Kyle J. Steenblik

The Way Way Back [Review]

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banner-the-way-way-back-banner-the-way-way-back-banner_1On a scale of one to ten, how do you measure up?

If you were a movie, where would you be?  Just pick a number, one to ten.  This one is a ten, are you a ten?  Neither am I, don’t feel too bad, the world is full of us.  If it wasn’t, movies like this wouldn’t work, and worse, they wouldn’t be made.

There is something profound about the click and flicker of a 35 mm projection, the warmth of the projector and the steady heartbeat of the film as it passes the lenses.  It’s more than an audible and visual reminder of the foundations of modern cinema, it is classic.  Just like The Way Way Back.  One could easily call this movie timeless; although that may not be entirely accurate, it feels timeless.  This poignant coming of age story is also a racking family drama, and an expertly executed comedy.  Co-written and directed by Academy Award winning (screenplay, The Descendants) Nat Faxon, a veteran comedic actor and comedian, and Jim Rash, who is also a veteran comedic actor.  This team presents a film that could easily pass as the work of a long seasoned director rather than complete veterans to the director’s role, and the writing is such that I will gladly line up for anything these two write in the future.

I don’t want to give too much away, because the joy and charm of this film is watching the characters expose themselves and develop, so I will keep this synopsis light.  It all starts with 14-year-old Duncan (Liam James) his mom, Pam (Toni Collette), her boyfriend Trent (Steve Carell), and his daughter Steph (Zoe Levin) heading to Trent’s beach house for the summer.  Trent encourages Duncan to get out of his super awkward and angsty 14-year-old shell, in the douchiest ways possible.  At the beach house they meet perpetually intoxicated Betty (Allison Janney), her daughter Susanna (Anna Sophia Robb), and her son Peter (River Alexander), along with the callow Kip (Rob Corddry) and Joan (Amanda Peet).  Duncan, feeling the weight of his years, and the overwhelming perplexity of the new adult relationships around him, escapes the house in search of relief.  Salvation is found in the waggish Owen (Sam Rockwell), manager of the Water Wizz water park, and his friends Caitlyn (Maya Rudolph), Roddy (Nat Faxon), and Lewis (Jim Rash).  Duncan is quickly befriended and employed at the water park, where he finds himself, and his own path to follow.  That is, that’s all the plot you are getting from me, go spoil the movie for yourself on someone else’s dime.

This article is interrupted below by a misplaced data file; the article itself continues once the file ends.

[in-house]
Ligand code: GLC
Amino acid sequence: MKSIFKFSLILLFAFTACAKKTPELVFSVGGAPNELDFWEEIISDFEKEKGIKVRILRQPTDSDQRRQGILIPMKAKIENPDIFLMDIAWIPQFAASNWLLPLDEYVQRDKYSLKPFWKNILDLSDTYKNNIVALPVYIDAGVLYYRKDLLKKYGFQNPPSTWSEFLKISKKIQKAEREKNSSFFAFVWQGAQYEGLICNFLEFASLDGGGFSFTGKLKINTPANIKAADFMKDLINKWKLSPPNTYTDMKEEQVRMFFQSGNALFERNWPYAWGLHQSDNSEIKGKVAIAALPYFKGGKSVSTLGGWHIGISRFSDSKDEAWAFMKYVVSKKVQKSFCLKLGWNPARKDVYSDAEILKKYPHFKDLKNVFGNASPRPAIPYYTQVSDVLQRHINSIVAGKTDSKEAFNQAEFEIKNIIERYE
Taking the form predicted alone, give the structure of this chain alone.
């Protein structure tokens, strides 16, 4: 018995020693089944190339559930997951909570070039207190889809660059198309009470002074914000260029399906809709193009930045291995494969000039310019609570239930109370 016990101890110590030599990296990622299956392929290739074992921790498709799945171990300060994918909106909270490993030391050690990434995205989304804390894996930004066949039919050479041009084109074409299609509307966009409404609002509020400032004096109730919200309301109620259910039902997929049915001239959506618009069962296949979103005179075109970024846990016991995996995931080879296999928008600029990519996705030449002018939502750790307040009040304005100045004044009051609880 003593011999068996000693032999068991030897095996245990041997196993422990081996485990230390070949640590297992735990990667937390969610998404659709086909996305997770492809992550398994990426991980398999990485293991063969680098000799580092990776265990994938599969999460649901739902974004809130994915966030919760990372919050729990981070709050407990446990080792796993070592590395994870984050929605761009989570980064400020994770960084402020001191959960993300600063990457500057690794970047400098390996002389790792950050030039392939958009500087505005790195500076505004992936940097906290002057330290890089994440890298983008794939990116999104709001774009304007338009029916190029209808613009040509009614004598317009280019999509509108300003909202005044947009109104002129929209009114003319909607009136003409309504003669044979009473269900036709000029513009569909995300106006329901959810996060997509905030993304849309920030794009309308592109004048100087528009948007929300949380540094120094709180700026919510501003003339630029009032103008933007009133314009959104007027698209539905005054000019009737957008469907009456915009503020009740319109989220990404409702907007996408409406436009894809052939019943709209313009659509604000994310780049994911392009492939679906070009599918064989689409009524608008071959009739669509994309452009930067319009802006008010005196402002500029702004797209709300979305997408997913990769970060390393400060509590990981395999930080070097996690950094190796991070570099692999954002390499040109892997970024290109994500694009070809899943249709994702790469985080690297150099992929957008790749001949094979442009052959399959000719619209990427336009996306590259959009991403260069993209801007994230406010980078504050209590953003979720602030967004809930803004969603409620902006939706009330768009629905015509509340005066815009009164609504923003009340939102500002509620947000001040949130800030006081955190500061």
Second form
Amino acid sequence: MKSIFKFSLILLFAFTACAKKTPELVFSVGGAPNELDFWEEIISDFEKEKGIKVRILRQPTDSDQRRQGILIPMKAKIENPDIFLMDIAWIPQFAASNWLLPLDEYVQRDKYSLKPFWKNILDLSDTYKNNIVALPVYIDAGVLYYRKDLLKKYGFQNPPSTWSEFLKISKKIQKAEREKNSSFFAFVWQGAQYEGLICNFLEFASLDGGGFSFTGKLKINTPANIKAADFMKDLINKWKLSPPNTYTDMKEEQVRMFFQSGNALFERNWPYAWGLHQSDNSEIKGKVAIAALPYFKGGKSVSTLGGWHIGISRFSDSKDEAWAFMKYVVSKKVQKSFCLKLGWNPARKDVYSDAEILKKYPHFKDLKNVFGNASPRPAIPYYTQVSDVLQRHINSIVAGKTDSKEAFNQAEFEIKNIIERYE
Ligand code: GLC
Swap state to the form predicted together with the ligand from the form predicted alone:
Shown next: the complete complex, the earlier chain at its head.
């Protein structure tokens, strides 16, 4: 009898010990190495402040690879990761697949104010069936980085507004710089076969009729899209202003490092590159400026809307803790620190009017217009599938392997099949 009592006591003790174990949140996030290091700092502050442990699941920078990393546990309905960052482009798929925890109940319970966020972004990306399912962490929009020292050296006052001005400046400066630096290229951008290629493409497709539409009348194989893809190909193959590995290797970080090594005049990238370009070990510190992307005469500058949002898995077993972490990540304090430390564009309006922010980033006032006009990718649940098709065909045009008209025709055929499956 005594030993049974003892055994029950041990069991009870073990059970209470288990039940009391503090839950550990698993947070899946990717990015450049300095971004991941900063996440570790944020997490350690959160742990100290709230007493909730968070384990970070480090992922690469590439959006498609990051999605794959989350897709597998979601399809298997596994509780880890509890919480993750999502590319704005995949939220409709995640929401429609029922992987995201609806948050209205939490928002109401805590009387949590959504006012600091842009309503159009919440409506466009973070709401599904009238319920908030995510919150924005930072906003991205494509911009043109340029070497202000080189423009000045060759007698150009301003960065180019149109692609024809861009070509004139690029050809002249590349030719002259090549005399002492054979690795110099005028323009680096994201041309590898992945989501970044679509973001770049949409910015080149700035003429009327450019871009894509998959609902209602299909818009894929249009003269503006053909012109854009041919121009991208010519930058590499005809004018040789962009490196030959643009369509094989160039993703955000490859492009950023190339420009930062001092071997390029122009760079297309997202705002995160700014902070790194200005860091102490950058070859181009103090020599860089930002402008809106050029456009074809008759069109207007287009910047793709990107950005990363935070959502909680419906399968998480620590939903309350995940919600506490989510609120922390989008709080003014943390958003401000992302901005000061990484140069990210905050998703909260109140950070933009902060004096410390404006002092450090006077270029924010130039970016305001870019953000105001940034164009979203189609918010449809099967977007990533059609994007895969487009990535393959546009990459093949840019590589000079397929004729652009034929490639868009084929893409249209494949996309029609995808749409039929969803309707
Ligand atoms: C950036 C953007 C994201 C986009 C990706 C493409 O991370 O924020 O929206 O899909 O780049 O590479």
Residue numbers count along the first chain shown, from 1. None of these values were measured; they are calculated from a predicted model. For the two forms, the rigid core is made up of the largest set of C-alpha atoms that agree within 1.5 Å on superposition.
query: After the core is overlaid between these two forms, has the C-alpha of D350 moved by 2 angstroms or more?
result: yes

The cast in this film is fantastic.  Particularly Sam Rockwell, His record of masterful comedic performances is on full display here; along with his ability to underscore his performance with an earnestness giving his characters extraordinary depth, kudos also go to the directors that told him to do that.  Liam James pulls off the super awkward young teen flawlessly, so much so that it’s impossible not to feel for Duncan.  It appears the young actor is astutely learning from the skilled veterans surrounding him in on screen.  It would be foolish for any young actor not to absorb as much knowledge as possible from the likes of Sam Rockwell and Toni Collette (whose performance was also that of an extraordinarily skilled veteran).

This move is probably not for everyone, although it should be.  It’s as heartwarming as it is funny, and as gut wrenching, as it is triumphant.  It will be the movie everyone tells you to watch, but you probably won’t, and when you do, you will wonder why waited.  Independent films like this are everything that is right with movies.  Go enjoy The Way Way Back, allow yourself a 102-minute reminder that film is a living thing, and that life is a hilariously awkward thing that sometimes goes right.  10 out of 10.

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